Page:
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Week6_Xrays - 3 Pet 100.000 households Divorce is the most...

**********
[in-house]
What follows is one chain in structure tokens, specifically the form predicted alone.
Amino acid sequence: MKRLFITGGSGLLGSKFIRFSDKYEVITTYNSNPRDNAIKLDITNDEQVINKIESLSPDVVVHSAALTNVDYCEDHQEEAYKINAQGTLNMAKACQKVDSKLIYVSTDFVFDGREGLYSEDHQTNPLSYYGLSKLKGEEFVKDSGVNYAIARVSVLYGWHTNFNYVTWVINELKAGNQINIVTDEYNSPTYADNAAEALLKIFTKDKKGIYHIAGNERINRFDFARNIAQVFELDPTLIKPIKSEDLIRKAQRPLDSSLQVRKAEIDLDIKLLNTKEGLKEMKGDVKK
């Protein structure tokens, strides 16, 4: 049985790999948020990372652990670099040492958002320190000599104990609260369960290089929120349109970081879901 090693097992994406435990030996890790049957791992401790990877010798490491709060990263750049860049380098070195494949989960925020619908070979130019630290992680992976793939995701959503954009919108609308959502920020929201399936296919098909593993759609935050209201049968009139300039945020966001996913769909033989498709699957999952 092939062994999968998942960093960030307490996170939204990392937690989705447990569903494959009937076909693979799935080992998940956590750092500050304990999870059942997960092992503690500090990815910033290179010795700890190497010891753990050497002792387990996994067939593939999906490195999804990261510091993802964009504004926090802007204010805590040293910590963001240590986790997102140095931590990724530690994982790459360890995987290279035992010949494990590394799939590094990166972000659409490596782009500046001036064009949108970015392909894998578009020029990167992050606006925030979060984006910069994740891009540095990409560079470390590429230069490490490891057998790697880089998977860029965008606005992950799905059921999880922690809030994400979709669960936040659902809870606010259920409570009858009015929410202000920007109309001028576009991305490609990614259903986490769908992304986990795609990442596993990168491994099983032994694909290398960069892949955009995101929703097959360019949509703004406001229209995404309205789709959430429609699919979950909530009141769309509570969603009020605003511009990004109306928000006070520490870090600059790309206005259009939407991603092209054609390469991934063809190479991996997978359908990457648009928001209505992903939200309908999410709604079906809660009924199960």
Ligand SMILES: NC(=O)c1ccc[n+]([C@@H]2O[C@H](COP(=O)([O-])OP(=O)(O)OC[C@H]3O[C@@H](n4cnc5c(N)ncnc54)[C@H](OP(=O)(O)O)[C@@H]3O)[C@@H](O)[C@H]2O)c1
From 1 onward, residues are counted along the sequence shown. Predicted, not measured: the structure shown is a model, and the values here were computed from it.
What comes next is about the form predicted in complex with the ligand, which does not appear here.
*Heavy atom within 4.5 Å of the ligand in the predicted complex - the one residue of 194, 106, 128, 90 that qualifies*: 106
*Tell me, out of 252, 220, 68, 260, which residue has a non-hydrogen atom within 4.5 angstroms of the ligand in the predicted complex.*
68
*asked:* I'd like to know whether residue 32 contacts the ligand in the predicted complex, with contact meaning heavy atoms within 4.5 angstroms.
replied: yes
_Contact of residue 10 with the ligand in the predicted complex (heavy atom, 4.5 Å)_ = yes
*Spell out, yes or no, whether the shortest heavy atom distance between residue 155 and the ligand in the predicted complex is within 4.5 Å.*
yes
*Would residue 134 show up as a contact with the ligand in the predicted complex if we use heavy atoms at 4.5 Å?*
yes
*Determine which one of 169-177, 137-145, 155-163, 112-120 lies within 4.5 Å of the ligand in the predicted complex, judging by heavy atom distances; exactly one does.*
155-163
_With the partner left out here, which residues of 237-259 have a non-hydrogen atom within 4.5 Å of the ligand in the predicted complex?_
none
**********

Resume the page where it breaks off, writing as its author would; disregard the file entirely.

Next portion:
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Unformatted text preview: 3 Pet 100.000 households. Divorce is the most unpopular . Brittany, Berri, the Pyrénéen, Savoy, and Auvergne. _ general natality for the whole of France is low—“2., ‘ .5 per 1000 inhabitants, and 3 births per marriage, the ‘ , mes being, in the Gers 146 per 1000, and 32 6 per 1000 ' mistere. In the south of France illegitimate births are awmnumber, whilst in the north (principallyin the Pas- ‘5 ', the Somme, the Seine Inférieure,dtheblEureCi f as, and as ially in Paris) they are oonsi era e an wwwnstant. p'ghus, in 1894 there were 778,937 legitimate J against 76.451 illegitimate births, the corresponding mum for 1893 being 808,110 find 76,662. The general amuty for 1894 was 21 per 1000, the extremes being the film, (15 per 1000) and the Bouches-du-thne (26-9 per ), Still-born children numbered 42,046 (24,543 males to 317503 females)—a fairly constant figure since 1881. :Ihe Lani} in the birth-rate leaves thinking Frenchmen as anxxous 1” over for the national future, and fully justifies the ecy that this great country will, say 100 years hence, E “I! egated to the position of a second- or third-rate Power. ,7 Health 4/ Paris. The appended table shows the deaths from infectious diseases that occurred in Paris from 1890 to the end of 1895. The deaths of inhabitants of the suburbs situated outside the fortifications who succumbed in the Paris hospitals are not 5' . l c , a. 5 ’ i t E. E - s —' “ a sa- 5. *6 s I 5 2 a; t: i s | = a s4 g t a i m ,_'__,___._. __ ,mmss 271 17 i 679 173 419 455 , ,, 1394 on 155 993 151 .255 1009 , ,, 1395 570 260 an m 508 1266 i , 1392 891 42 909 158 as: 1403 i ,, )891 416 39 983 202 332 1361 I 1890 656 76 1495 223 491 1668 5 .. wieWe-lr 1598 544 1133 . 236 433 1340 fie very marked decrease in the death-rate from infectious W in general cannot fail to strike the reader. London .ibelf cannot show such an improved record as regards typhoid fever. The diphtheria figures are also most reassuring, the Mil-rate having fallen from 1840 (average of ten years) to -485——less than a quarter. This speaks volumes for the dimcy of the new antitoxin treatment. Parisian Medical Journals. . 1n the course of a single twelvemonth no fewer than 82 periodicals having reference to the science and art of medicine have been added to the already ample supply pro- duced in Paris. In 1894 the number published was 177, but by the end of 1895 the portentous list had been lengthened to 199. Protection as applied to the Practice of Medicine in Fumes. " Hy remarks on the abov'e subject in last week‘s issue of ‘1'!!! LANCE}: are corroborated by the appended resolutions ‘ by the medical section of the Students’ Association 1! Paris. I quote from La Prone Médtoala, and refrain from supplying a translation. 7. “Indtudiantsen médecine. membres de l’AIsociation getter-ale des Menu de Paris, renni- pour discuter lee mesures A prendre in l'égard betudknts étrangerl,~ee sent uremi- aux dispositions suivanwa : “1. Les etudiants étnngen, event de prendre leur premiere latterly» mu. dsvrcnt prosenter u_n cortifimt d'études Iupérieures ohtenu .i enmen devnnt un Jury compoeé de profeueun d’une Faculté Au moment de s‘inscrire h in prefecture du département Oil ils “ l’intention d'exercer, lea docteurs en médecine devront disposer: v, .“ a) Lesdpieces étnbliuant leur qualite‘ do Franoais; 7‘“ Le lbms freneti- de docteur en m6decine: Tour es diplbmee exigés des étudlnntl frenetic an moment de in at ds leur premiere inscription. ‘Lnoune exception aux dispositions pm'cédentes no sen admise. “ Bur in question de l'entre'e dos eta-lingers dam lee Facultés - . nous avonl prnsé que l'équivalenoe accordee dam Ion ch~ “In ectueiies east one Lie losufllunte d'études Iupérieum et j d’autre M ii eel-alt engeré d'exlger des étrangers les diplémes ; , aux etudiants francs“. - 3"“ 8!!! ll question do l'exsmlce de la médecine. nous esiimom juste de .; lee eta-angers aux memes exigences que les dooteurs frencais. hunt, on moment do s'e'tabiir, Ivon- obtenu la naturalization 131111 F impossible de lenr imposer an moment oi: ils commencem. leum PAlils:—-—BERLIN. [Fan 1.1896. 331 «Etudes. etant données lee conditions exigéel par ll loi du fl juin 1889 sur- la naturaliution (in naturalisation pout Otto worries: (l) spree trol- ans de domicile autorisé; (4) aux etrnngen qui Justifient qu'lls resident en France depuie dix unnee- sans interruption). ” Nous avons reserve Is question den concours ui’relOVe uniquement de l'Aulstance publique de Paris, dos munici t6! ou d'admlnietrr tions dlverses." ., . BERLIN. ' (Fnou our: own Commrmm.) Tho Recent Diacovary in Photography. Prior-Essen Bowman's discovery continues to interest scientific circles and the general public in an extraordinary degree. Popular lectures and demonstrations on the subject are held here every evening in the overcrowded amphitheatre of the “ Urania,” a. society for promoting a general know- ledge of natural science, and all the tickets are already taken for the next meetings. Surgeons have begun to make prac- tical use of the discovery. In one of your correspondent’s cases. for instance. a finger which had sustained a compound fracture and from which a sequestrum had been removed was photographed by the new process, and the regeneration of the bone was thereby made visible. In another case the 'position of a piece of glass embedded in the tissues was ascertained by the same method. Similar reports come from other universities, as, for instance, from Berna, where Pro- fessor Kocher has photographed a needle in a woman’s hand; it had made its way under the skin some time ago and had not been found by any.other means. Professor Roentgen came to Berlin last week, at the invitation of the Emperor, in order to show his discovery, and he was expected to speak at a scientific meeting, but he left the city on the following day. The Antitazin Treatment of Diphtheria. The Imperial Health Office has issued a statistical report on the use of diphtheria antitoxin in the hospitals from April to June, 1895; 2130 cases were reported, of which 1812 (= 851 per cent.) recovered and 306 (= 143 per cent.) died; 23 of the latter died within' the first twelve hours; as they had come to the hospital in the final stage of the illness they are to be excluded from calculation, and the mortality is to be reckoned on the basis of 283 deaths (= 13-3 per cent). In the first quarter of the year the num- bers were 173 and 16-7 per cent. respectively; 710 cases are reported as being mild, and of these only 1 died; 293 cases are said to have been of moderate intensity and 1021 cases, of which no died, were severe. Of 106 patients with 13 deaths no iculars were given. As regards age, the report states 1: 41 patients were children under one year. of whom 17 died, giving a mortality of 4l‘5 per cent; 218 were from one to two years of age, with 80 deaths (= 36'? per cent.). The death-rate decreases as the age of the patients increases. ‘Those of three years have a mortality of 171 per cent, those of seven years one\of 8 2 per cent., and those of fifteen years one of 5-2 per cent. The injection of the serum was performed on the first two days of the illness in 752 patients, of whom only 48 died, giving a mortality of 64 per cent. This is a much smaller death-rate than in the first quarter of .the - year. The im- provement is due, according to the report, , to the greater strength of the“ pro ’on which is now in use (1000 units instead of 650). The injections performed on the third day were followed by a mortality of 10 per cent, those on the fourth day bye mortality ,of.17'3 per cent, those on the fifth day by a mortality of 235 per cent.. those from the sixth to the tenth day by a. mortality of 283 per cent, and those from the eleventh to the nineteenth day by a. mortality of 17 6 per cent. 841 patients entered from laryngeal diphtheria; 588 of them were operated on and 176 died (= a mortality of 29-9 per cent.). Some secondary effects of the antitoxin are reported, including skin erup- tions, pains in the joints, and suppuration at the place of injection. The result of collective investigation in the hos- pitals during the second quarter of the year is. therefore. that antitoxin has an obviously favourable influence on the disease, whilst the accidental efiects are of no importance. Treatment If Pmttatic Enlargement. Castration for hypertrophy of the prostate has been recommended and successfully performed by Dr. White of Philadelphia, who found that this operation was followed by a diminution of the gland and a decrease of pain. Dr. White’s method is less dangerous than the direct removal of the In. ,3, .1896] .GLI‘EICAL mmmmofis '1 ‘OF’ -TEII>NEW.T.HOTOGRAP1{Y. :J‘Il. Ill-rm , Mural. Jovuu. 3‘61 gigflosrffen'lirflh .APPLIEATION' 0r Tris rm 'Er‘. PHOTOGRAPHY Til-MEDICINE VAND‘ .. “ "’Iiifi-llBGERYv ., ' ' .5»,[Rsron-r r0 ruanmsn Msmcsn Jamar“) .ur: , :. We" have. commissioned municateiwithhus; Mr. Rowland writes to*us as’fo'll‘ows 2,‘ l interest in the subject.,has not. diminished, and’ numerous ‘ communicationshaveappeared; yet it is hard to find any. matter .of'importance as to this very difficult problem. ‘In England, Mr. Gifford, 'of Chard, has been working hard, and has produced many curious results, it is true, but none that are in anyway explanatory-of the new discovery. The chief dificulty in making ra id‘ headway consists in the scarcity of suitable tubes, the whole of the English stock having been bought up almost on the first receipt of the intelli ence from Germany,-and of these-but a small proportion ave been found to be of any use. Fresh arrivals are daily coming in, and some are being made in Germany. As many of our readers are probably already trying the new method, a de- scription. of' the actual appliances employed may be of use, together withsome hints as to the chorce of apparatus and good methods of working. THE CHOICE or A Corr. AND TRANSFORMER. First, as to the coil. This must be a fairly large one,'say 7-inch spark. It must be a really ood instrument, made: by a reliable maker; the cheaper Frenc i coils are of no use. It is important to have sufiicient battery power, for want of this is the most ire uent cause of failure in coil work. Dry cells are of no useat a l, and bichromate batteries fall ofl'so rapidly that they are unsuitable‘for the long exposures sometimes neces- sary. The best form of battery is undoubtedly Groves’s 'or Bunsen’s. A street supply from a company's mains, if avail- able, can be used with the least trouble. In using it, how- ever, care must be taken to transferm it to a suitable pressure, - ' ' Although results undoubtedly can be obtained by the use of acoil alone, yet .the best so im- have been obtained by using a small Tests transformer. These transformers can now be obtained from the instrument maker of suitable size for coils' from' 2-inch ‘spark and upwards. Their effect is to raise the frequency of alternation of the current to sn'exceedingly high pitch. The choice of the tube is the most'imImrtant matter. Too much care cannot be devoted to this. The vacuum must be exceedingly high; nothing else is of the slightest use. Before purchasing one it shoul be tried by-the instrument maker, and the character of the is- eharge noticed. If the tube lights up with an apparently uniformr whitish green glow, then the tube may be expected to give; ood results; if, however, the discharge is continuous in po 9. to pole the vacuum is a low one, and the tube use- _ ss for the ‘urposefin 'view.’ The character of the glow as noticed by t 9 eye can be’taken as‘a fairly good criterion as to fine possible performance of the tube. The glow should, I find, be eta-whitish purplish colour, quite-distinct from the green Buorescence of the‘glass. Great care must be taken of such a tubepand when in use it- must be most carefull insulated, for a frequent cause of destruction of good tubes is the‘break‘ Fag thrdugh of theldischarieéto someneighbouring good con- fihetor. The tubesmust . suspended by silk threads from t glass support, and-carefully cleaned on the outside. 2-3. 7' :‘Mn. Gns'ronn’s Resume: Tnnm EXPLARATIONr ’ - ‘ H:Mr:.Gifl’ord’s work has already been alluded to. He. has . blind, among other th' , that it ’ is possible to photograph ugh opaque bodies without-a. tube at all, using simply the I? hidischsrge from (meat the dischargers of a large coil. this way he has produced images of coins quite distinctly. WES-hm ‘ Mr. Sidney Rowland to investigate ; mo‘appl'ication of Roentgen—s discovery and to study prac- fighlflylits applications. .119 is'cmployed, now in’ doing so, v with some interesting results. .Any of our members who may have suitable cases‘of interest which they'desire to have v mwmgated'hy the' new iahmogmphy'hm Invited to com: ' resultssfrom"isochromatiéo-of-high’rapidity develo ed with - 'Not‘imuch further light'has been thrown on the nature of pypo'andceodu'wfllere with” no'lmupemble' d1 culwm the “new radiation since the discovery was announced. The. » :1 have repeated these ‘expcrinrents,~‘using;'insteaflmf'a coil disolmrgeytha-t from .19. Tests transformer,-witli' the result that g I have obtainednot only the shadowraf the coin to, - . but; perfect Jamm- of theengravingon theiooina-Mn': - argues.from 1 z of the nature of ‘light, but rather of anelcctricsl-efi'eot. But ord ese experiments thatRoenlgen .z- wareth this argument fails, Ithink, in thmlight cf thefotlowing ax- periment. . In: this case th'ngpenny maplacaibclziudthe plate, so as to avoid the .possnbihty, of any 31. ._:.efl’ect', and with exactly the same result-namely,:a'faitb1u village of the fine = Eression of. the coin. It is obvious, themforhythatwe have ereetodo :with an electriuil cont-actieflectrmndmot with ,ROentgen‘rays at all, - ~y - _- ~ I ---- '- ’ ’ - .As ,to' the best- plates-to" employ; 1-- ,. w .-. havbzfoundvthe'best Working the new process hit-only needs ear-cindotails and the careful selection of the tuber-The latestifocm iaof this shape, one electrode being an aluminium plateaird’th‘c other a ring. -_ The plate should be the cathode. - 2 - ’1 ' ' ' ' \\,\--"/ With an apparatus of this dcscriptién, which isno't very bulky, and on y requires care-in-workin‘ , 'it is quite. ssible for anyone to obtain negatives thatwifi'show all‘ atlas been shown up to-the present. Thecaccompanying~ hand (1). 363) was taken by me. with such an _zipparatus wrth an exposure of twenty minutes. Professor S. P. Thompson’s conclusions uptothcpresent are : - ' , . - . I. That success depends more on the degree. of exhaustion (of the tube) than'anlything else- Only the highest exhaustion 130 use. ' » I- ~ 2. Sharply defined shadows need as a- source alsmll bulb.» 3. The .1: rays do not enmnatc exclusively, ashes been sup- posed, from the phosphorescent patches on the: glass. 0n the contrary,.he has cases of double shadows cost by one tube, where the stronger shadow was shown as by ray'emanating straight from the cathode, while the weaker one was thrown as by re ys emanating at the phosphorescent patch; _ . 4.. Professor Thompson finds diamond to'be 'more opaque than black carbon. - _- ' 1 - v. 5. In wood (pine) the dark resinous streaksar-e more trans- parent than the lighter coloured tissue. . v — f . .--. ‘ fl 6. A specimen .of flies in ambershows no- shadow of the res. , a . . .. 7. There ap curs-to be no difi‘erence-in the-degree oi opacity of magnetisedjand non-magnetised iron; .g -. :~- -, Professor Thompson and Professor Lodge agreeinreprd- in: the rays as rather of- the nature ofsound Waves than of light. But they‘ differ as to the-lengtli,the one-considering them as excessively short, the other (probably) as longer than the rays of visible light. .; j, ' . _- And these embody all that can-.begdefinitely stated at present. It is __hoped-_that aiext weekphotogmpbs-of cases will be ready demonstrating the practical application of the new discovery. _ ' . , I. ,_ ' . ' - Some of the earliest endeavours to apply Professor Roentgen‘s discovery not only to-dia nesi's-biit tb treatnmnt are reported from Vienna. Profeésor osetig Wusthe first toutilise the new method. At the Medical Society-he reported two cases in which operative proceduréswetre carried-out underthe guid- ance of the exact knowledge of thaanatomical conditionsob- tained by the new radiation. The accompanying illustrations 362 are re roductionsl More“. Jon: r. l of photographs of the cases which were taken y Roentge ’s method in Professor Franz Exner’s Phy- sical Institute. distal phalanx of he first case is one of deformity the hallux, which appeared to be double. of the This diagnosis had already been made without the helpbf the new photography, but there was a difiiculty in distin— ishin which vgvlll'iich titre supern Professor Mosetig whole of the dou graphy showed, h lateral one) artic other was merel with the normal tinctly to be see comfort it afford the real condition his body removed normal phalanx. ‘ In the other case d to the of his abnormality before having a part of f the two bones was the normal one and merary would have had to resort to remove the As this could not be made out, Is distal phalanx. The Roentgen photo- wever, that only one of the two bones (the lated with the first phalanx, while the a supemumerary appendix, articulating distal phalanx by a sort of facette, dis- in the photograph. Besides the great patient to see with his own eyes , the surgeon was enabled to spare the the situation of a revolver bullet could be exactly made out after every other method had failed. The bullet had imbedded itself into the fourth interosseous space of the right hand, carpal bone. The the slight deformity caused by it in the metacarpal bone. surgeon’s hand was guided by the this case also the and become tightly fixed to the fifth meta- photograph shows clearly the bullet aiIid n photo- graph, and the bullet was easily removed. These photographs were taken b mine of a very large Ruhm-Korfl’ inductor, the exposure ein limb had to lie di sensitive plate. two hours, for which time the patient’s ectly (and quietly) on the box with the his seems a. great drawback of the method, but good photographs have since been obtained after a much shorter exposure. of the new discov graphs taken, outs Professor N cuss? calculus, the latter quite impenetrable stones were not quite opaque. was taken through The results were so soon to give the Herr E. Hasche experiments in th Franz Exner, of through which a p they were able to s osseous tissue had ceeded in of the bones of the vessels. This see was the first to attempt the application ry to medical diagnosis. He had photo- de the body, of gallstones and of a vesical consisting of phosphates, which proved to Roentgen’s rays, while the cholesterine The photograph of the latter a layer of calf’s liver 4 centimetres thick. promising that Professor Neusser intends l and Dr. 0. Th. Lindenthal have made Physico-Chemical Institute of Professor Vienna.l mEthod a trial on the living patient. In the finger of a colleague, stol bullet had passed many years before. ow the injured bone in which the loss of been made good by callus. They also suc- photogra hing the bones of a child’s arm, forearm and foot, but the; ’ failed in their attempts to get pictures skull and trunk. On a dead hand, how- s to open up a new possible application of ever, after injectio‘%, they were able to photograph the blood the method to the been successful in caching of anatomy. further modification, or rather extension, Professor AdolplEIand Dr. Lenz, of Elberfeld. seem to have of the Roentgen p able to photo ph than the handfsu further, that their only the bones but In France ex ri by Professor n Oudin. M. Gariel, Facult , doubts genera ly applied 1‘ was supposed. He the greater num body. In the tho otography. They announce that they are the bones of thicker parts of the body h, for instance, as the arm and wrist ; and, ethod enables them to photograph not the connective tiss...